Putting a price tag on friends, relatives, and neighbours: Using surveys of life satisfaction to value social relationships
Nattavudh Powdthavee ()
Journal of Behavioral and Experimental Economics (formerly The Journal of Socio-Economics), 2008, vol. 37, issue 4, pages 1459-1480
There is substantial evidence in the psychology and sociology literature that social relationships promote happiness for the individual. Yet the size of their impacts remains largely unknown. This paper explores the use of shadow pricing method to estimate the monetary values of the satisfaction with life gained by an increase in the frequency of interaction with friends, relatives, and neighbours. Using the British Household Panel Survey, I find that an increase in the level of social involvements is worth up to an extra Â£85,000 a year in terms of life satisfaction. Actual changes in income, on the other hand, buy very little happiness.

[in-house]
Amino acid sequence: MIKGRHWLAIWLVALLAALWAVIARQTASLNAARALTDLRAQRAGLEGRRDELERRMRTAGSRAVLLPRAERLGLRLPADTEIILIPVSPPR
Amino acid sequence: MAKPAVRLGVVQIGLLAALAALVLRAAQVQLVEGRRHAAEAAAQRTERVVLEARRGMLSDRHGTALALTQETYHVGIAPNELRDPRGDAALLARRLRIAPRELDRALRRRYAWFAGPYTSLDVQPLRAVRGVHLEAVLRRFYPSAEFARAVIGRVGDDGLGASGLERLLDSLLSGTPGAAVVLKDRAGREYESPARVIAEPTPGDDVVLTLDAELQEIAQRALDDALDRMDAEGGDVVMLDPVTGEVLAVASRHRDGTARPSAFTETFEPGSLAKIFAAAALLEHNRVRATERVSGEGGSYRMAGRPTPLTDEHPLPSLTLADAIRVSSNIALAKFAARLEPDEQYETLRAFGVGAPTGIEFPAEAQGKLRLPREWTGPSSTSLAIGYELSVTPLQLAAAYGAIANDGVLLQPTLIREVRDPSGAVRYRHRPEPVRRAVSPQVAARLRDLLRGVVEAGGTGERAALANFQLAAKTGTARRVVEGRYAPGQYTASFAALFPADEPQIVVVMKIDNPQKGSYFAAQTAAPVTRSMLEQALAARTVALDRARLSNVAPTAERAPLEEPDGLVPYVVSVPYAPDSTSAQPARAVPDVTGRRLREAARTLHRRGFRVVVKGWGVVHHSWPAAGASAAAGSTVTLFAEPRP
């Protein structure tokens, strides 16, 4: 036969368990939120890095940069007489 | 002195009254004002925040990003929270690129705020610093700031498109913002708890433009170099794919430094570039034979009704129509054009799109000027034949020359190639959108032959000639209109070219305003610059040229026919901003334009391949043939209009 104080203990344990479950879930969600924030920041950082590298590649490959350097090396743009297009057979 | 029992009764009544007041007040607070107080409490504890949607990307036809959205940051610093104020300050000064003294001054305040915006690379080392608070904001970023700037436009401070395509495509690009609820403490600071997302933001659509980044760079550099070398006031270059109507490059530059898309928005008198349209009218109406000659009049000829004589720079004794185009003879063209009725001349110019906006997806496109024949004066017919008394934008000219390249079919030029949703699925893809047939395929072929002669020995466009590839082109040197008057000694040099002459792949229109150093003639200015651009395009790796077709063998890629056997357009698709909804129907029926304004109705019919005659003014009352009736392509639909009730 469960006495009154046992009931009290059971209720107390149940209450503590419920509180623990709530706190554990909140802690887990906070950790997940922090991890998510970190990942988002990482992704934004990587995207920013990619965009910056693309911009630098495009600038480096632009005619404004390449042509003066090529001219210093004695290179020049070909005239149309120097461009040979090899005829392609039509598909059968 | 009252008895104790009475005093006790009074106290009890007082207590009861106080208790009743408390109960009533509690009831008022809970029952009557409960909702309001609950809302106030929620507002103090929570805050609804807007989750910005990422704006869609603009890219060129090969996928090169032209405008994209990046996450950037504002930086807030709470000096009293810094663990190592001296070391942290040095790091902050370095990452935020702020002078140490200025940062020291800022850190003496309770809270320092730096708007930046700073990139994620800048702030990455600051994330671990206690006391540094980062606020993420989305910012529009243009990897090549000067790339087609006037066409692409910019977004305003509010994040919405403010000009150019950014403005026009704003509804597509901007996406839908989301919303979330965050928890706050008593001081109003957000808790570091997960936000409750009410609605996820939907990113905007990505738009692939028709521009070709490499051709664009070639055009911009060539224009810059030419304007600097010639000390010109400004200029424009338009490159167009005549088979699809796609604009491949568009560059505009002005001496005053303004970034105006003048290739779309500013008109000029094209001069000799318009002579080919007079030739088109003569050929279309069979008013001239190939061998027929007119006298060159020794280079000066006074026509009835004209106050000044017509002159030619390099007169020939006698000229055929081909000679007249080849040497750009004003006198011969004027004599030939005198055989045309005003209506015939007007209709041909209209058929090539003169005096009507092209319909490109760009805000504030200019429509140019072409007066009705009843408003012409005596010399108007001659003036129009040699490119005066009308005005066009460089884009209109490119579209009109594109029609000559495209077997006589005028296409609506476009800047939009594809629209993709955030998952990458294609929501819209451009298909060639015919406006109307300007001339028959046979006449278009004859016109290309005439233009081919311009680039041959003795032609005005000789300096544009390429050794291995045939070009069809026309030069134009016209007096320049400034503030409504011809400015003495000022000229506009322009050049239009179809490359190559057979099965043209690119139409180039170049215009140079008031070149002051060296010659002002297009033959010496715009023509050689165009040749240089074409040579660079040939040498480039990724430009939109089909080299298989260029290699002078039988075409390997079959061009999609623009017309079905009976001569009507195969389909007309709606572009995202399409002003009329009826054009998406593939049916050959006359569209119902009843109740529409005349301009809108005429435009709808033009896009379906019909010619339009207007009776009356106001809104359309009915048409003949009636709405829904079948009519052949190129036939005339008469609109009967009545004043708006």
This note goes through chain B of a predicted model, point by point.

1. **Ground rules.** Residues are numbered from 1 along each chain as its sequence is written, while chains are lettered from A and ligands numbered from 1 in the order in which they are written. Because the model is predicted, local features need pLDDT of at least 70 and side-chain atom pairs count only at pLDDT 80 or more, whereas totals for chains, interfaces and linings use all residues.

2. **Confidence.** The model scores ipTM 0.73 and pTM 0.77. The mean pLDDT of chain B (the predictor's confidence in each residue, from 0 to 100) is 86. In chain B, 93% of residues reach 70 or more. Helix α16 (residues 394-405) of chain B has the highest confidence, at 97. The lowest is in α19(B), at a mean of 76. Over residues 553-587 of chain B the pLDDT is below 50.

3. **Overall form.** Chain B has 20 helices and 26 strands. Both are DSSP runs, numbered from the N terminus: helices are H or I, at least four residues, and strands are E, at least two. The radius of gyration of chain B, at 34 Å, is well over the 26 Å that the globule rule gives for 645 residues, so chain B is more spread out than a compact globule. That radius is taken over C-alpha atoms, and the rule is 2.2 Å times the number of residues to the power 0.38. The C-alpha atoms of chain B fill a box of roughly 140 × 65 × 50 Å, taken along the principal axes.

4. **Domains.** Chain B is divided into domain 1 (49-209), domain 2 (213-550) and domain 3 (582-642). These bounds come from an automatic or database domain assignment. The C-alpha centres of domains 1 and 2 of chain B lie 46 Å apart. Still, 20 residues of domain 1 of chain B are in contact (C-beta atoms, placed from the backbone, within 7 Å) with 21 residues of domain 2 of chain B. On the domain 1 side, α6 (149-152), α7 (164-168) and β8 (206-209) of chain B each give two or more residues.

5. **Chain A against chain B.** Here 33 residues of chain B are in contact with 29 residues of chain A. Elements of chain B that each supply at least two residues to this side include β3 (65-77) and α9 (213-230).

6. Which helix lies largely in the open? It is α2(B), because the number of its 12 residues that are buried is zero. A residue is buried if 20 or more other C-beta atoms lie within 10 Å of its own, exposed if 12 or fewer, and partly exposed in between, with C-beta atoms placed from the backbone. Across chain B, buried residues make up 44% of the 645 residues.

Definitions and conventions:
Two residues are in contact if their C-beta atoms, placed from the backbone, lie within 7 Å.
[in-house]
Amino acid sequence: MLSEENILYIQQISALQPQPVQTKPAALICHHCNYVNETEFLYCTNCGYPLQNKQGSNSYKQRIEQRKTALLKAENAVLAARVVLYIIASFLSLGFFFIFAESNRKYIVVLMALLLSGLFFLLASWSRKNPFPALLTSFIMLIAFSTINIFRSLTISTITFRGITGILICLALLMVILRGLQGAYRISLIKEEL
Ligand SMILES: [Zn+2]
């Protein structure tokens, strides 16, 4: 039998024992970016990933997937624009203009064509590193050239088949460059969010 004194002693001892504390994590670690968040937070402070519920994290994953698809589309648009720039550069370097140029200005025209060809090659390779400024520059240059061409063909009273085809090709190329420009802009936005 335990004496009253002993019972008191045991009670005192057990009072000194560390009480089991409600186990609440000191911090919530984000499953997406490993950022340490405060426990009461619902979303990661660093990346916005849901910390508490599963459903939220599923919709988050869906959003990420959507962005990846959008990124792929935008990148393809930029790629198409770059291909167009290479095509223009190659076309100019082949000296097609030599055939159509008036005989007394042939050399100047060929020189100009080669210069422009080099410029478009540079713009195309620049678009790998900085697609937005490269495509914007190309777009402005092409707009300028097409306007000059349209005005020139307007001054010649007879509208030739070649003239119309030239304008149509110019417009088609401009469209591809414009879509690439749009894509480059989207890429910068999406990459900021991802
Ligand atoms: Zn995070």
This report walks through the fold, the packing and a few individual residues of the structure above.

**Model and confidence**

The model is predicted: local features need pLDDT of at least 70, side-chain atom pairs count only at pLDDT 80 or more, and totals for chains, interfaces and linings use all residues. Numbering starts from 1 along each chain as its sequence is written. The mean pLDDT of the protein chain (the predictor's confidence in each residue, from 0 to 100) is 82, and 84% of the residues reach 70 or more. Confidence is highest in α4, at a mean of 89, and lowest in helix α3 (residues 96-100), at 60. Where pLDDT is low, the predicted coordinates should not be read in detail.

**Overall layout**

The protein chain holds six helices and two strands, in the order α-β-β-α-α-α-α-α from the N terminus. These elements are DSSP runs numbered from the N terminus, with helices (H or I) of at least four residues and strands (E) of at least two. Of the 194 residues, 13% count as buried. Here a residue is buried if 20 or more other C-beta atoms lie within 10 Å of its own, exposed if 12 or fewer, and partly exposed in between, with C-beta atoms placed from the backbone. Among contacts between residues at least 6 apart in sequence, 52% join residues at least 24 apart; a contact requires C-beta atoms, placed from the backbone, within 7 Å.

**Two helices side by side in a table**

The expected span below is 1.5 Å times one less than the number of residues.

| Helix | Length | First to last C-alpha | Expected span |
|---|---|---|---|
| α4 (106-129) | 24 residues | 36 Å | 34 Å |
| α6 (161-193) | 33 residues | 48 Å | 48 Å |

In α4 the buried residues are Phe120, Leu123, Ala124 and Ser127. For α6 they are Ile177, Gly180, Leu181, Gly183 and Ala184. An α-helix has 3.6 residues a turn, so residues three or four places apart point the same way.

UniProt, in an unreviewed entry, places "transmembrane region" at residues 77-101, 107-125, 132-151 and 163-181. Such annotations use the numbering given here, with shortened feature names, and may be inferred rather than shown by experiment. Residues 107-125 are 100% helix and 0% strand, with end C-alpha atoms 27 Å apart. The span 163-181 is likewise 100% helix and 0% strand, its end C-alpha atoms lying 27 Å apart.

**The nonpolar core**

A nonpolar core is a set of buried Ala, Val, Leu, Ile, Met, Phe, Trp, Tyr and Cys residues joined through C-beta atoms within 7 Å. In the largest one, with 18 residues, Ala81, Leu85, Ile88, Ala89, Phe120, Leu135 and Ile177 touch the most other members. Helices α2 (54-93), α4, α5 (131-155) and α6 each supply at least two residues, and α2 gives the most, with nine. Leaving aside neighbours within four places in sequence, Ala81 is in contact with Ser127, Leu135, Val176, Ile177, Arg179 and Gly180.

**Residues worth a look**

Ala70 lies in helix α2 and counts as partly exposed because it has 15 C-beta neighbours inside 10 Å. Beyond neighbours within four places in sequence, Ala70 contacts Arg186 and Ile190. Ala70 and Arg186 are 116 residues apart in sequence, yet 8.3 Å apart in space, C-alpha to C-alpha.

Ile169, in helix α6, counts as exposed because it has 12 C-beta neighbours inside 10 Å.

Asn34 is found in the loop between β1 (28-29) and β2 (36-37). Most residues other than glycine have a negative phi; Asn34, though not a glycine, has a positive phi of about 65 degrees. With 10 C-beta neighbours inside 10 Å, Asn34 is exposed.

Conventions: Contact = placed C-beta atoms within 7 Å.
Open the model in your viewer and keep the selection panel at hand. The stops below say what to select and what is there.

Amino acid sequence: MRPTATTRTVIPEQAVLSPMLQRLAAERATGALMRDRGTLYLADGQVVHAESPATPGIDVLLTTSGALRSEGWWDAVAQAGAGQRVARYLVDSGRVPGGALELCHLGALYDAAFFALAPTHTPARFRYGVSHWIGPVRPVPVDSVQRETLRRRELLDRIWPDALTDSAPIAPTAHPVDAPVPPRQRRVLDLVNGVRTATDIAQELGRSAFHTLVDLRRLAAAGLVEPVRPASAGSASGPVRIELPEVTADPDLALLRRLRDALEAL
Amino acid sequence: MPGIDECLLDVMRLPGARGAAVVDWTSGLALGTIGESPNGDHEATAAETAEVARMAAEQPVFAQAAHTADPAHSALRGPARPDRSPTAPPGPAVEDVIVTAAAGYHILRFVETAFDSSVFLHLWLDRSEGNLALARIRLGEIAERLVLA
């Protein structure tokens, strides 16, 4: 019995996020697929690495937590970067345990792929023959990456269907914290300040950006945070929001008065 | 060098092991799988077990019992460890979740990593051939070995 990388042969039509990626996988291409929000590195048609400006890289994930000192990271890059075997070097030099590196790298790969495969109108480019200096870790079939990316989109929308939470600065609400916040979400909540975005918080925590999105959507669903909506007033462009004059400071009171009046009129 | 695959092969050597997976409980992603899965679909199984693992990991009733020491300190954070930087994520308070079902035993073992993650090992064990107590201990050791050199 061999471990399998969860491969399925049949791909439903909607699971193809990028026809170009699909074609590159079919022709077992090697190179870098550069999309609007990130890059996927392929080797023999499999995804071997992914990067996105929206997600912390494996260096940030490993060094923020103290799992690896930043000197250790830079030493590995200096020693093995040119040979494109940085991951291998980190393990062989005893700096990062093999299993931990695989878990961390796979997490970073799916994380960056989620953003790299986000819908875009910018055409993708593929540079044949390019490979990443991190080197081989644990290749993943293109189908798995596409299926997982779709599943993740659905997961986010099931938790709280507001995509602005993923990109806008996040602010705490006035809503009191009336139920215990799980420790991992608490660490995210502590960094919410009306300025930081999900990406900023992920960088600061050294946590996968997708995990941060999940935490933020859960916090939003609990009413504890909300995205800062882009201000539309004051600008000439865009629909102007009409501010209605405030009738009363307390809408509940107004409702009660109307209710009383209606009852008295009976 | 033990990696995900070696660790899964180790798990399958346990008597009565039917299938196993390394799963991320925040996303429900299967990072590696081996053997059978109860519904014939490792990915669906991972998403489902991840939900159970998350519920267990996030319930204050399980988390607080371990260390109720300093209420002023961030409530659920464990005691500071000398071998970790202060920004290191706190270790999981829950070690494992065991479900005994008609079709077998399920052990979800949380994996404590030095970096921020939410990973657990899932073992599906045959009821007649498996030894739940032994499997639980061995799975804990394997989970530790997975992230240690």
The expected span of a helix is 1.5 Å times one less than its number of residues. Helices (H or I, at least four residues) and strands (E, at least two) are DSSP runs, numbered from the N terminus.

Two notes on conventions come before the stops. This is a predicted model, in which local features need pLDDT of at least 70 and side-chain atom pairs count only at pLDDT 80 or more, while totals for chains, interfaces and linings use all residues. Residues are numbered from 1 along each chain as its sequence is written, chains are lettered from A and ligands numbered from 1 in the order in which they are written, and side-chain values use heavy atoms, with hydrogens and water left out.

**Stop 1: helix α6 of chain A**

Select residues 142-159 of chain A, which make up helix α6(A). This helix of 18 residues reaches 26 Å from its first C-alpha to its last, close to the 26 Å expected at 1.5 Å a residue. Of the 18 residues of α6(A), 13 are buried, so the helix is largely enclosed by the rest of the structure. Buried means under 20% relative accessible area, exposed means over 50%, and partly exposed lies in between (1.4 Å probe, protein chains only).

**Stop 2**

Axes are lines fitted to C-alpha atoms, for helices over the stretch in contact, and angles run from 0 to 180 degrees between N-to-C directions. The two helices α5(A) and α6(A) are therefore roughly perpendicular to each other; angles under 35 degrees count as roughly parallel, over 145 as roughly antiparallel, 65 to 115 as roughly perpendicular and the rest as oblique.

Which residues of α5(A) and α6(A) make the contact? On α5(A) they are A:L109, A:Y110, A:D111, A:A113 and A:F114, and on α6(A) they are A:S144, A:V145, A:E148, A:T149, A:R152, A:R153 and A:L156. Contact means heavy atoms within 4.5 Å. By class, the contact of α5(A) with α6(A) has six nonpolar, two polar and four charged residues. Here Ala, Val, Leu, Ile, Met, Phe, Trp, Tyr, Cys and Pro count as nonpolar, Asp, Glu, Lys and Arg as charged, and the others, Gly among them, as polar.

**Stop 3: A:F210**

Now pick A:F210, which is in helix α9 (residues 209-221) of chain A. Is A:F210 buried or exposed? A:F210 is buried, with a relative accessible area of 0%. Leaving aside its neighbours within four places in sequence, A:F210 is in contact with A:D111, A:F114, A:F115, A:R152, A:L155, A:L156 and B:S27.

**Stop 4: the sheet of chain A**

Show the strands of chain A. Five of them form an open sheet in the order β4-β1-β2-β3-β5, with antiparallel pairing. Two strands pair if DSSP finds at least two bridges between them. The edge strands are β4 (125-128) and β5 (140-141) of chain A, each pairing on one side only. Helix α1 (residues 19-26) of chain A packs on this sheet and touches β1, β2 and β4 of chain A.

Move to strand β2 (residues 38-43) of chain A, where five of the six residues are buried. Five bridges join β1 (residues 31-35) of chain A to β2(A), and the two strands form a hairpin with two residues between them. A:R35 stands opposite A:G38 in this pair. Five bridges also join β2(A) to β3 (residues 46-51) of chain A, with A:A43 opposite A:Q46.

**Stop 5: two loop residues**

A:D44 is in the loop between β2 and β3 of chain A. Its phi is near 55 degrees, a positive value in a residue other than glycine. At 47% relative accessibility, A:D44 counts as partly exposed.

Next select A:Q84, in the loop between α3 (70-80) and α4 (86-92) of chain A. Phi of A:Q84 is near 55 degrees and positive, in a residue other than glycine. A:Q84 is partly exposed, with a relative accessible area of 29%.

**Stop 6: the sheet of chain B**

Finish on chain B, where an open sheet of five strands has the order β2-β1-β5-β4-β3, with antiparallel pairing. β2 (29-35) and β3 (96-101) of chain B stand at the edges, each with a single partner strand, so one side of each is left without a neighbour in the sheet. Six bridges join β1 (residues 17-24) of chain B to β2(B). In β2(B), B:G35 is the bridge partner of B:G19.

References: View references in EconPapers View complete reference list from CitEc
Citations View citations in EconPapers (9) Track citations by RSS feed
Downloads: (external link)
http://www.sciencedirect.com/science/article/B6W5H ... 2ed2c172fbf7631f6b62
Full text for ScienceDirect subscribers only
This item may be available elsewhere in EconPapers: Search for items with the same title.
Export reference: BibTeX
RIS (EndNote, ProCite, RefMan)
Persistent link: http://EconPapers.repec.org/RePEc:eee:soceco:v:37:y:2008:i:4:p:1459-1480
Access Statistics for this article
Journal of Behavioral and Experimental Economics (formerly The Journal of Socio-Economics) is currently edited by Ofer Azar
More articles in Journal of Behavioral and Experimental Economics (formerly The Journal of Socio-Economics) from Elsevier
Series data maintained by Zhang, Lei ().